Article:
Wednesday, December 11, 2013

IASB Oversight Body Takes Issue with Maystadt Report on How to Increase E.U. Involvement in IFRS Standard Setting

The oversight body of the IASB said that recommendations by the Maystadt Report to give the E.U. more say in IFRs standard setting could further lengthen what are already very lengthy procedures and incorrectly stated that the IASB is overly influenced by US GAAP. The central theme of the report is to transform the European Financial Reporting Advisory Group (EFRAG) into a vehicle for enhancing E.U. influence on international accounting standard setting. For example, the report wants EFRAG to request the IASB to have longer comment periods on consultative documents, noted the IFRS Foundation, when the IASB already has an extensive due process, which was revised earlier this year following a consultation with all global constituents. 

In its statement, the IFRS Foundation said that their global constituents can meet the IASB’s comment deadlines and would not wish to see them being extended to meet a request from Europe. Further, it would considerably hinder the IASB’s ability to operate efficiently if it agreed to an EFRAG request for even longer comment periods. The IASB is acutely conscious of the fact that it takes years to develop a new IFRS and, noted the Foundation, is looking to reduce the time taken, rather than providing further extensions and thereby slowing down the process even more.

Influence of US GAAP. The IFRS Foundation disputed the idea that U.S. influence is overstated. The report’s reference to the IASB continuing to acknowledge the major influence of FASB positions is not an accurate characterization. During the IFRS-GAAP convergence projects with FASB, the IASB maintained its independent voice, even when working with FASB, on issues on which it has taken a different view that was based on the merits of the issue at stake. This is demonstrated by the fact that there remain differences between IFRS and US GAAP, for example in the treatments relating to the offsetting of financial instruments and the definition of control that is the basis for consolidation.

Further, the worldwide spread of IFRSs made it more appropriate for the IASB to adopt a new strategy and to move to a multilateral engagement with FASB and other national standard-setters and regional bodies. The wording in the Maystadt Report does not acknowledge this fact. The shift to a multilateral approach is most notably demonstrated by the establishment of the Accounting Standards Advisory Forum, on which 3 of the 12 members come from the EU (plus one at large member , the UK), and 3 from the Americas (representing the US, Canada and the Group of Latin American Standard-Setters, GLASS).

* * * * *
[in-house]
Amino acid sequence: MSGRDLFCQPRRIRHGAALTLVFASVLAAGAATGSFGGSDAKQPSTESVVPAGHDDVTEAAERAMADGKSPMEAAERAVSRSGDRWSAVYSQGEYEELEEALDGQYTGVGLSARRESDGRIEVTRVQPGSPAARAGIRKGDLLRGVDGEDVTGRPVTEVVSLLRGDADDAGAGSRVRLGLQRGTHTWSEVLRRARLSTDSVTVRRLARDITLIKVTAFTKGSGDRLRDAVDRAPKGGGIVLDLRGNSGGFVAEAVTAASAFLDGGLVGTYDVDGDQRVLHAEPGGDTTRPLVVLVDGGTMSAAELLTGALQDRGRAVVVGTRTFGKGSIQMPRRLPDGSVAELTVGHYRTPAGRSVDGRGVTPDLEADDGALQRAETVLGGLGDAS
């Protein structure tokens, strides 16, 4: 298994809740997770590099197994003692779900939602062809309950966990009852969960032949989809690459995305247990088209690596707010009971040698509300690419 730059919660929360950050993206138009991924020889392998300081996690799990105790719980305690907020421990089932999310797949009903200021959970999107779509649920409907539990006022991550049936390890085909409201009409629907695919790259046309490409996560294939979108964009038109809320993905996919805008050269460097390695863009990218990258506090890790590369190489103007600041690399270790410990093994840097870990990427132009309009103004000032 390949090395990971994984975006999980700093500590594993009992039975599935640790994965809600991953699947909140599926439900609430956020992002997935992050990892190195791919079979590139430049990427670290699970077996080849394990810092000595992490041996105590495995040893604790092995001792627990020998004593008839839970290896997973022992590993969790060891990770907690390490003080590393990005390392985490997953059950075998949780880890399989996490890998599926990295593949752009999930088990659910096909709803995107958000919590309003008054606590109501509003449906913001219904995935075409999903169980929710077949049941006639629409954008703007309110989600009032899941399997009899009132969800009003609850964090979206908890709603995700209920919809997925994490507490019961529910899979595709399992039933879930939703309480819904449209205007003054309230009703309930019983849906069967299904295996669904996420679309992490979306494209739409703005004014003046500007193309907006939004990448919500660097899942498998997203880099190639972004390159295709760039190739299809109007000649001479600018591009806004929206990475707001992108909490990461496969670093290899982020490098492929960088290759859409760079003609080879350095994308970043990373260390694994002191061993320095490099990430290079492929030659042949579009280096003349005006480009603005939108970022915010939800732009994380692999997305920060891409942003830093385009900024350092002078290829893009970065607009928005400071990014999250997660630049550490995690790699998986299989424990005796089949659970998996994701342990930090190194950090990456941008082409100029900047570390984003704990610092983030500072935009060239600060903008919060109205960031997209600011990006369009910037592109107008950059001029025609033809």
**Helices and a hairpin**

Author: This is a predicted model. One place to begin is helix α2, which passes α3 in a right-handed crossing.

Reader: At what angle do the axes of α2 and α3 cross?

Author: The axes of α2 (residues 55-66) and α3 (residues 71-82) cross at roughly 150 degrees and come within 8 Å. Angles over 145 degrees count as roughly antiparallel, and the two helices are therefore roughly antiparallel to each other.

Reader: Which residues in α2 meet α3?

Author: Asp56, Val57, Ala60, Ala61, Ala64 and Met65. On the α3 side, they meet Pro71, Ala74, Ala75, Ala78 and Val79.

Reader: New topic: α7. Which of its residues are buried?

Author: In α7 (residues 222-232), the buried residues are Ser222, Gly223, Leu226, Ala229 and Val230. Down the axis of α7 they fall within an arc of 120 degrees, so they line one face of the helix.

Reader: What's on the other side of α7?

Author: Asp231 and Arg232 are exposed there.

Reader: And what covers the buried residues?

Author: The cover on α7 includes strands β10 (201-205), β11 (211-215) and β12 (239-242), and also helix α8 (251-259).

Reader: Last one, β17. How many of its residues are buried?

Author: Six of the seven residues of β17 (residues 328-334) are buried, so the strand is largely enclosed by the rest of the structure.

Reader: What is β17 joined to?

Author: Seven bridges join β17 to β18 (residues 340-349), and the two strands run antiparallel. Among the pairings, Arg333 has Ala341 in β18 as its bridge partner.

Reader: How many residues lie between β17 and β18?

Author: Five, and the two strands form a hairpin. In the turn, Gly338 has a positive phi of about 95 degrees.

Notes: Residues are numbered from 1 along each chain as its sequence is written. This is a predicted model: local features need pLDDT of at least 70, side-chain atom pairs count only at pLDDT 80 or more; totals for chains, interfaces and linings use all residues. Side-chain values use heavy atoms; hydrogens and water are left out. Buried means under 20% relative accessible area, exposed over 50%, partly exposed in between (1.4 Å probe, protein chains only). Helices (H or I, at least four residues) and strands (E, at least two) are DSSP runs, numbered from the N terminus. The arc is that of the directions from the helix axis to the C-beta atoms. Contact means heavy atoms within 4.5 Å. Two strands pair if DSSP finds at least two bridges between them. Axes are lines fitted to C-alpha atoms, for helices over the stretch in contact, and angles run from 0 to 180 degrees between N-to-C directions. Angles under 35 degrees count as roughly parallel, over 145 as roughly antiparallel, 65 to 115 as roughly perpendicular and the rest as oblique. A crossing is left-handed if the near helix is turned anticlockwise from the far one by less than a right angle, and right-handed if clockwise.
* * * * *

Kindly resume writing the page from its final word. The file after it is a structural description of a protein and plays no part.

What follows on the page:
Financial stability. The IFRS Foundation also rejected the idea of introducing financial stability and economic development standards into IFRS. Accounting standards should not be “instrumentalized” with a view to hiding or twisting the objective representation of the situation and the performance of businesses. While the IFRS Foundation supports the goals of financial stability and economic growth, IFRS can best make a contribution to both by providing transparency to the capital markets. The idea is based on an ongoing misunderstanding as to the purpose of general financial reporting, and about its limitations, and how it interacts with financial stability.



FCAG. The report of the Financial Crisis Advisory Group set out the real situation and how both accounting standard-setters and prudential regulators serve the public interest in accordance with their respective missions. The FCAG emphasized that financial reporting, by providing only a snapshot in time of the economic situation and performance, cannot provide perfect insight into the effects of macroeconomic developments. However, what it does do is provide as unbiased and relevant information as possible about the economic performance and condition of businesses in a way that provides confidence to investors and other capital market participants in the transparency and integrity of that information.


No comments: